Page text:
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Is there a case to be made that utilities should be state-run? Is that even a possibility? Is that silly to think we could even do that in the future?

No, it's absolutely not silly. There are lots of people who talk about shifting to a more public model of electricity supply. I mean, electricity is an essential service. Many other essential services are provided by the government or government entities. Intuitively it makes sense to think about electricity in the same way. Having said that though, we do have a long history of private entities, investor-owned, shareholder-owned entities, providing electricity in this country and a wholesale shift to a government-run system would be quite a challenge, I think. 

For emerging technologies — solar, wind, etc —is it right to assume they will be private as well? 

One part of the challenge in planning for the impacts of climate change is the fact that we do have so many different private players operating different parts of the grid. That creates an opportunity for each one of those players to say, well, the problem occurred upstream of me. I couldn't do anything about that. Or,  a problem occurred downstream of me, I couldn't do anything about that.

Particularly the utilities that are no longer vertically integrated, tend only to look at their own assets and operations. They don't look at the other parts of the system on which they depend. 

That creates a real challenge for planning and does, I think, signal the need for more government intervention to promote the sort of intercompany planning that's needed so that we end up with a holistic plan for the whole system. 

I think we saw the problems in Texas where the natural gas pipeline system went down, which caused some of the generating plants to go down, which meant electricity could not be delivered to consumers. We really need to be considering the energy system, broadly, as one whole thing that will be impacted. And we need to develop solutions that can address all of those impacts.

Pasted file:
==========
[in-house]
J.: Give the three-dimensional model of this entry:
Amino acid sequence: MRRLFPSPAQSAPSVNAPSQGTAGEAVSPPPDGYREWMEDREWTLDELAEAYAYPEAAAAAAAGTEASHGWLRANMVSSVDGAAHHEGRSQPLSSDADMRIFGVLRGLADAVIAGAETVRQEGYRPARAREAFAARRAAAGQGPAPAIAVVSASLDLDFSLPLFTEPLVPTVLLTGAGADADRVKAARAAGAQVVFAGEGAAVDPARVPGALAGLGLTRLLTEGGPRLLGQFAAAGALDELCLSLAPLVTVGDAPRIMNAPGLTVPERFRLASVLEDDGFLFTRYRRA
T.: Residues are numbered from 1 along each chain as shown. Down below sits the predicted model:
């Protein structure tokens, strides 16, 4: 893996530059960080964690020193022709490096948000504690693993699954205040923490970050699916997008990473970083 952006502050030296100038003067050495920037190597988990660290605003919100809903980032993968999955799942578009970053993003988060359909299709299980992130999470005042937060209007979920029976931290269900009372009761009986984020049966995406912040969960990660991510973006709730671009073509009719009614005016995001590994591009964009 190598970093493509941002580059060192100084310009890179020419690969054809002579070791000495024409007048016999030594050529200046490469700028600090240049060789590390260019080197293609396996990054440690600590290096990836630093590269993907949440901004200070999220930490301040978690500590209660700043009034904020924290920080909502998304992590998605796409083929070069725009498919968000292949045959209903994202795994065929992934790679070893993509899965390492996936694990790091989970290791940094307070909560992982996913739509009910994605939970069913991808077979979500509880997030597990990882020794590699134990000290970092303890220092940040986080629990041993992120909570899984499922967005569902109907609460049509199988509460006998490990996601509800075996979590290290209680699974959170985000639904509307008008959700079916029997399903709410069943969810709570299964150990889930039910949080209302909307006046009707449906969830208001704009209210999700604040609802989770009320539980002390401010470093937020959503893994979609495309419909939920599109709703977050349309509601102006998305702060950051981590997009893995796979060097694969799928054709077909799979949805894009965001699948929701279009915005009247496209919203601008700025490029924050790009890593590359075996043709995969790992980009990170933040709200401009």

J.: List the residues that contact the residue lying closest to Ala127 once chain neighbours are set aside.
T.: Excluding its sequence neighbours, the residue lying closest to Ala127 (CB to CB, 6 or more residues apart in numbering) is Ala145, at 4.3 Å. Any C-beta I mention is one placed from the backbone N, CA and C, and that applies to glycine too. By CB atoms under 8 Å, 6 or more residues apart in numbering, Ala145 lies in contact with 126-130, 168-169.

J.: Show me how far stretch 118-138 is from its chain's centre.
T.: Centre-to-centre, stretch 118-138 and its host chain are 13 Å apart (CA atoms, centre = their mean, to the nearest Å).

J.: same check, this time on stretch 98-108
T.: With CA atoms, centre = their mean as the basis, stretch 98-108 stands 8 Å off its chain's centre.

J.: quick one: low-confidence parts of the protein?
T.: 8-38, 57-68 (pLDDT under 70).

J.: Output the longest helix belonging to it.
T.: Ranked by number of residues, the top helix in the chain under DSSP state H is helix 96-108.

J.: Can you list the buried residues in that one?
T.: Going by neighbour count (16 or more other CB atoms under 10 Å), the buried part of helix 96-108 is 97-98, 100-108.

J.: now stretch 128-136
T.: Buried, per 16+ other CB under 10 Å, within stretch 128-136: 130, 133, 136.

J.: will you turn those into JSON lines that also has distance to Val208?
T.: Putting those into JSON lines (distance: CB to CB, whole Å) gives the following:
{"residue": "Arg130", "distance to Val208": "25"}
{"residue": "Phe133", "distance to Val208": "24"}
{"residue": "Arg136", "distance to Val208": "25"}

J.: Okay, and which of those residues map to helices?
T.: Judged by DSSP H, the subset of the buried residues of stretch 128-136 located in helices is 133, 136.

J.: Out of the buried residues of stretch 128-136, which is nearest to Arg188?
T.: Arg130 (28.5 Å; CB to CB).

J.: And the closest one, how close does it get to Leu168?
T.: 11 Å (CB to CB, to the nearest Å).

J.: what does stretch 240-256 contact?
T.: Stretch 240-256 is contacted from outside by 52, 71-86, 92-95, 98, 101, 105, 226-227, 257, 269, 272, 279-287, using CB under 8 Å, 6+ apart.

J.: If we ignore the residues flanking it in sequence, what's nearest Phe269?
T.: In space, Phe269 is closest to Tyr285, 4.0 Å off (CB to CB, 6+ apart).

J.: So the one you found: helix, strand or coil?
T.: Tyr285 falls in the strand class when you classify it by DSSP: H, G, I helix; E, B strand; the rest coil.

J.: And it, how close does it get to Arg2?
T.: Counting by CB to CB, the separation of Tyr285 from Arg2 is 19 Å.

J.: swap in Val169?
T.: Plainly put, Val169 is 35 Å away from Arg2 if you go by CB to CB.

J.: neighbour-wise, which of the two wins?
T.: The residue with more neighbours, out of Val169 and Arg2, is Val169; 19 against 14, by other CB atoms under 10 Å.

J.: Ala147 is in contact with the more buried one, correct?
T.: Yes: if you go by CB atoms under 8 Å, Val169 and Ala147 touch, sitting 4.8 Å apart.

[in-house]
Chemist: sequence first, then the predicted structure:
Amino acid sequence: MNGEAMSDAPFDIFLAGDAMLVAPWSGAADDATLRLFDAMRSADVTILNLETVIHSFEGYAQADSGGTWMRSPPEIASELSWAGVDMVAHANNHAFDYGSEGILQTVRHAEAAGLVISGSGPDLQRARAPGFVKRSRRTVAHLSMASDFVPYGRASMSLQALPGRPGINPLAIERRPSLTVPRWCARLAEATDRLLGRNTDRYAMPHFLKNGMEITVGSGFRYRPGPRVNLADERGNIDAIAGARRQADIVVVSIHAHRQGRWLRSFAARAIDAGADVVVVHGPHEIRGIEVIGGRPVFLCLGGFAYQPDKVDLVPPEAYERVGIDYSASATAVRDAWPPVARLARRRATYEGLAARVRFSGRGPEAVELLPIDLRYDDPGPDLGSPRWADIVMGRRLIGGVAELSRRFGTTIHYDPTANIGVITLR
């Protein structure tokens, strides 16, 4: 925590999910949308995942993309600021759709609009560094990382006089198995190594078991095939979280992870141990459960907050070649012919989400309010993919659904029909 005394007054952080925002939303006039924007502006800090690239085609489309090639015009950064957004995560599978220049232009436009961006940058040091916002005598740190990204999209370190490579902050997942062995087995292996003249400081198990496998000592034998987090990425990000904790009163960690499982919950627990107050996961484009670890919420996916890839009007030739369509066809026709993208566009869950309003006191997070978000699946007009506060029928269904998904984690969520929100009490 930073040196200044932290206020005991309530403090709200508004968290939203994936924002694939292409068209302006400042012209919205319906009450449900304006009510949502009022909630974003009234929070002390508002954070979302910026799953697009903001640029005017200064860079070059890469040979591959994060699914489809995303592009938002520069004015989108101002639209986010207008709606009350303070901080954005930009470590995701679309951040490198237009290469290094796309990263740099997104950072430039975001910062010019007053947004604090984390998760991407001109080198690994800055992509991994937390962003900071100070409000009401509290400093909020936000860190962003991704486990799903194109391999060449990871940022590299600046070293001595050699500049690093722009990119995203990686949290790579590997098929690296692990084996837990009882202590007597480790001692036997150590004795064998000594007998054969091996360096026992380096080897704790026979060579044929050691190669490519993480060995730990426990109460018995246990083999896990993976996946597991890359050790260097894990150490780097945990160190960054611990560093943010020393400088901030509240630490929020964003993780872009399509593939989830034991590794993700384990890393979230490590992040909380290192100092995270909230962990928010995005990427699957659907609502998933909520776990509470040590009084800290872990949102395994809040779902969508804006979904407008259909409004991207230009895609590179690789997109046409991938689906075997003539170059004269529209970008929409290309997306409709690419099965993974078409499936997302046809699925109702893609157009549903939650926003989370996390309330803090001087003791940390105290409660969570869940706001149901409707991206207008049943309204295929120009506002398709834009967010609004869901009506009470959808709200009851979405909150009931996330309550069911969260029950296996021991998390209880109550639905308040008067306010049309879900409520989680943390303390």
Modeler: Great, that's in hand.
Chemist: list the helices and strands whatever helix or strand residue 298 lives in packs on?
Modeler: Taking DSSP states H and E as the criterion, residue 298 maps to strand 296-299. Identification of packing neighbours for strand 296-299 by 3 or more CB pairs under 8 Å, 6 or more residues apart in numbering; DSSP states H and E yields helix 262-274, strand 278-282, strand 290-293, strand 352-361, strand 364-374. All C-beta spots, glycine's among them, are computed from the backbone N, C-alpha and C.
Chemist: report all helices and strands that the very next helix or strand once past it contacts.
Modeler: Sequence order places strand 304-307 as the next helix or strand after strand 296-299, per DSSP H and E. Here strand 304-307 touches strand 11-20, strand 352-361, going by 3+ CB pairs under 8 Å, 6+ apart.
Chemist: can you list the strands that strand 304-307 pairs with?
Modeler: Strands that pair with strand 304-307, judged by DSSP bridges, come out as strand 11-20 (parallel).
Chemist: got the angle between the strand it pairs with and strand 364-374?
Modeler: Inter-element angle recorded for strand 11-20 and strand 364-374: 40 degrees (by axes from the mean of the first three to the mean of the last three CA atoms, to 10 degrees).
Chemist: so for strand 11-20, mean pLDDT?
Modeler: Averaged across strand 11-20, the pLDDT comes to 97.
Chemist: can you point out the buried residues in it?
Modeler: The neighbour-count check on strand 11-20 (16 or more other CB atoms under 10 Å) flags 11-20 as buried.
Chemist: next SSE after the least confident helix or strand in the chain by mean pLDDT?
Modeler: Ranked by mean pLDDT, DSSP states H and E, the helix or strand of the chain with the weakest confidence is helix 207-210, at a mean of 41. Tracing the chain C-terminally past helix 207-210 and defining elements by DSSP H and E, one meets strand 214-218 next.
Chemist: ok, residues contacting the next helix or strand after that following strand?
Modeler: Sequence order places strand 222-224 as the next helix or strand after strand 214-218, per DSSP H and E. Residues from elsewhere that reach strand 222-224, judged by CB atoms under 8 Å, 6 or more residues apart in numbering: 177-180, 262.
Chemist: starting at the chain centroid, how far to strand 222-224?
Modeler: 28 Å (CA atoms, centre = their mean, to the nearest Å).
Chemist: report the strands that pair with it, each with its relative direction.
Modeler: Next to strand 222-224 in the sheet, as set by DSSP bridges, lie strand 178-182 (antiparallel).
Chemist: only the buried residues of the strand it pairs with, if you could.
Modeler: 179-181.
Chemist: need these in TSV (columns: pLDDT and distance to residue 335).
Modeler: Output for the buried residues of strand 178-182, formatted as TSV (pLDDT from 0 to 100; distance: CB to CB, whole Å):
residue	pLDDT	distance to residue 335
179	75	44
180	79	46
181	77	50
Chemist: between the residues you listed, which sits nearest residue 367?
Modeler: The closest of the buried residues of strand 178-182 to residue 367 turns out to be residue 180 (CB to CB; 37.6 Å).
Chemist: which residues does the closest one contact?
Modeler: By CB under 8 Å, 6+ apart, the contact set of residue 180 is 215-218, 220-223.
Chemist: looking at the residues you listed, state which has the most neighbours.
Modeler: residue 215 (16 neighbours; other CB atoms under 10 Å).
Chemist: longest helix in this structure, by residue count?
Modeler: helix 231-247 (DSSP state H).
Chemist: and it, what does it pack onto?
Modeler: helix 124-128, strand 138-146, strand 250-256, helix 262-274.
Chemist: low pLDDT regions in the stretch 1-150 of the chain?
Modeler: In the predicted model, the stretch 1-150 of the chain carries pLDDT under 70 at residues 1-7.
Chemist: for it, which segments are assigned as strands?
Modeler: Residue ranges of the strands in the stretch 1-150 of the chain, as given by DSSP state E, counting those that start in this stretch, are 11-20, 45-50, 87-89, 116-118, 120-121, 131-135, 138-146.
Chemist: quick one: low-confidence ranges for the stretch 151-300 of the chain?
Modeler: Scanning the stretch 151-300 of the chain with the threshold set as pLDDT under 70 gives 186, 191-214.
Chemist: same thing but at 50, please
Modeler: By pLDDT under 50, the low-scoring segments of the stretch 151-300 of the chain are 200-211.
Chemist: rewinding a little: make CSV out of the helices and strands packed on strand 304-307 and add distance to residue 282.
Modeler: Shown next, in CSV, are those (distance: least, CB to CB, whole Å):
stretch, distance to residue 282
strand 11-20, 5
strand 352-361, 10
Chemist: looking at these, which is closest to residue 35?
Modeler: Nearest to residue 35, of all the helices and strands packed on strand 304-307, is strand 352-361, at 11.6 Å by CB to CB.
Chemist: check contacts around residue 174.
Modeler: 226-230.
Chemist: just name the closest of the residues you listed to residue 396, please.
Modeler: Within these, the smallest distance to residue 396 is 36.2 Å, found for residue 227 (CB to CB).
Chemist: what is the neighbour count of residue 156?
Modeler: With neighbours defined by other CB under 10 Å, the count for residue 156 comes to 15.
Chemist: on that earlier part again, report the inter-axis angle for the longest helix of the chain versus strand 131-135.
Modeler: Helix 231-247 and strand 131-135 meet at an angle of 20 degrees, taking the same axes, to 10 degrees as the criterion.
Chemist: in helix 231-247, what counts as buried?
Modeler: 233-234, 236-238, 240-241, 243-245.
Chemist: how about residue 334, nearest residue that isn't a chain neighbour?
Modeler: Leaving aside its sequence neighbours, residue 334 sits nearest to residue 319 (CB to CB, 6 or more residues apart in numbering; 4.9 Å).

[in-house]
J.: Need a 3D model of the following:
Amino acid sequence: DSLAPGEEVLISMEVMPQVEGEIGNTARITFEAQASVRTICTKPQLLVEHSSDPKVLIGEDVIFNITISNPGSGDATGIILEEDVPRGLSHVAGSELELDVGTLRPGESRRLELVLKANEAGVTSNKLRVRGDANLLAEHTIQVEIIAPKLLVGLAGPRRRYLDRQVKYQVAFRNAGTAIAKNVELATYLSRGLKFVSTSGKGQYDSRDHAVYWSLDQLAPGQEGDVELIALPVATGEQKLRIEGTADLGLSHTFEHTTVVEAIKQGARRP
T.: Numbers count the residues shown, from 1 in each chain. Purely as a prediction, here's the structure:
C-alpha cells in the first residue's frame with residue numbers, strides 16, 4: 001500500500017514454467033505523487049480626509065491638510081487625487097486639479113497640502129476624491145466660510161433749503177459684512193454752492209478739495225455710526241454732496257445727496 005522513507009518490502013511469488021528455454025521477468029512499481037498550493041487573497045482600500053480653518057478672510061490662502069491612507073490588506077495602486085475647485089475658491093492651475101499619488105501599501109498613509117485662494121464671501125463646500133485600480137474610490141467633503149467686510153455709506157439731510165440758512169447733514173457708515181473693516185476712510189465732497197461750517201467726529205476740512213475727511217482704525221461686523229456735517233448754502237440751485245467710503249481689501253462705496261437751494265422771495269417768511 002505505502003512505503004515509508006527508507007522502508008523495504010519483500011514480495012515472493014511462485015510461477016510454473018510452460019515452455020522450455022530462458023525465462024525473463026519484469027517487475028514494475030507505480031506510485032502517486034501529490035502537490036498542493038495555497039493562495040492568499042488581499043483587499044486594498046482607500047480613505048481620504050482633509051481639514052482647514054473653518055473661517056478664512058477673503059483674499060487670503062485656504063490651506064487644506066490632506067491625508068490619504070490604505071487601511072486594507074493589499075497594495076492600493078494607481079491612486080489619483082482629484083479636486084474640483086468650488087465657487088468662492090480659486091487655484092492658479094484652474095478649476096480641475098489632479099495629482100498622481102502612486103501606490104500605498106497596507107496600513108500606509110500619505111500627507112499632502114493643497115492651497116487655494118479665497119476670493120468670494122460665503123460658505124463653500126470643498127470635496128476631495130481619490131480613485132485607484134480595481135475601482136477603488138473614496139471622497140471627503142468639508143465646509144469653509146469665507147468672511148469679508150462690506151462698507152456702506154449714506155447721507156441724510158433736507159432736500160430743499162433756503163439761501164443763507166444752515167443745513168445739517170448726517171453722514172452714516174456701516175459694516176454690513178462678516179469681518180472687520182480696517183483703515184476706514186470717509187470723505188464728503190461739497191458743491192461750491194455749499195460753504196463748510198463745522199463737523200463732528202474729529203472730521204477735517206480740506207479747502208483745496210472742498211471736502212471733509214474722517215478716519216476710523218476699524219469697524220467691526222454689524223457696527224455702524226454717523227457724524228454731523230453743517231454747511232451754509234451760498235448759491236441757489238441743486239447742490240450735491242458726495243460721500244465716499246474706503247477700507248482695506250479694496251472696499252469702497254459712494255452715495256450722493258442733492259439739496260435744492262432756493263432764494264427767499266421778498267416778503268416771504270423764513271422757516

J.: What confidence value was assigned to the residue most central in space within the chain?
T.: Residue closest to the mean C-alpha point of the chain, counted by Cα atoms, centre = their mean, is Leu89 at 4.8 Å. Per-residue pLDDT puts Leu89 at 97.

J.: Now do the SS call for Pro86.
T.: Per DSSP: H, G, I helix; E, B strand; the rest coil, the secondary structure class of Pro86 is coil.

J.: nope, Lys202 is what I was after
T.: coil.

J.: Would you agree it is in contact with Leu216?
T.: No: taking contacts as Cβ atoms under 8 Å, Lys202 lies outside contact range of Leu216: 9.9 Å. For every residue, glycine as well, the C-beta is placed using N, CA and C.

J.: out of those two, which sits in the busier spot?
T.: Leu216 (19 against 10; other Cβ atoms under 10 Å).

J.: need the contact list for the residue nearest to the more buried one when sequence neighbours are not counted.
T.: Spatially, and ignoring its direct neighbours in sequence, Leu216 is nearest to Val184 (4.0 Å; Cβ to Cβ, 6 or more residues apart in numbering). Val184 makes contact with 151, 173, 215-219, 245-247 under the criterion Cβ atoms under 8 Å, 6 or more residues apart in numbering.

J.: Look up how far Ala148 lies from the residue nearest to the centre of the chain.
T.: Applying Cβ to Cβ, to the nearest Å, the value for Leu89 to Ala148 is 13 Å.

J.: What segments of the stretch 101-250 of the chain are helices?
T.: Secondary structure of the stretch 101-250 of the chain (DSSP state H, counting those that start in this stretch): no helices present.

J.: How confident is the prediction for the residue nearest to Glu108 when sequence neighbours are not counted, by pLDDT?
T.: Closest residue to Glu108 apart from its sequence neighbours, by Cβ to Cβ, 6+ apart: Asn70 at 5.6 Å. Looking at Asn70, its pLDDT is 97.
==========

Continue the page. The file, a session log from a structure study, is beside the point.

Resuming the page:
As a layman, it was really hard to sort out what happened in Texas. Was it clear to you what happened and who’s fault it was – was it a confusing confluence of things?

Absolutely not.

This is not one of those situations where there is nothing to do.

All of these different climate impacts we can plan for. We cannot eliminate every outage on the system. We can't afford to gold plate the system so much that there are no risks to it, but we can certainly lessen those risks. 

There were clear failings in the Texas example. Generating plants had not been appropriately weatherized, even though previous experience with winter storms had demonstrated the need for that weatherization. And it’s not just on those generators. There was a broader failure of planning. Interestingly the Texas State Commission is looking at how to better facilitate planning at the moment.

It seems to be encountering a real challenge in thinking about planning for climate impacts specifically because, as I said before, it's so different from what utilities and energy system operators are used to doing. And it requires a different sort of data that they're just not used to using. But the data is out there. They just need help finding it and using it.

I sort of sound like a broken record that it's all about planning, planning, planning, planning.

Once we do that planning, we can significantly reduce those risks. Not eliminate them, but reduce them. 

Somebody said to me, if you plan appropriately, it'll look as if you're overreacting because nothing will happen. Whereas if you don't plan and disaster happens, it feels like catastrophe is inevitable. Do you feel optimistic that people are learning because these climate disasters are happening more frequently in the US?

I have mixed feelings. I think it's very disheartening that after some of these extreme weather events, politicians come out and blame it on renewable energy sources when we know that the failures were much more widespread and that there were bigger issues in the operation of the grid that led to those failures. That does not give me a lot of hope. 

Having said that, I do think the issue of climate change impacts and what it means for the grid is getting more attention, which is encouraging. I think that companies are increasingly recognizing the risks to their assets. Even if politicians and regulators don't necessarily want to act, companies will be forced to act. And, as you said, these impacts are becoming more obvious and, in many cases, could have really catastrophic effects. It's sort of impossible for people to ignore it, and it is impossible for companies to ignore it.

I am optimistic that change will happen. I'm not necessarily optimistic that it will happen on the timeline that we need.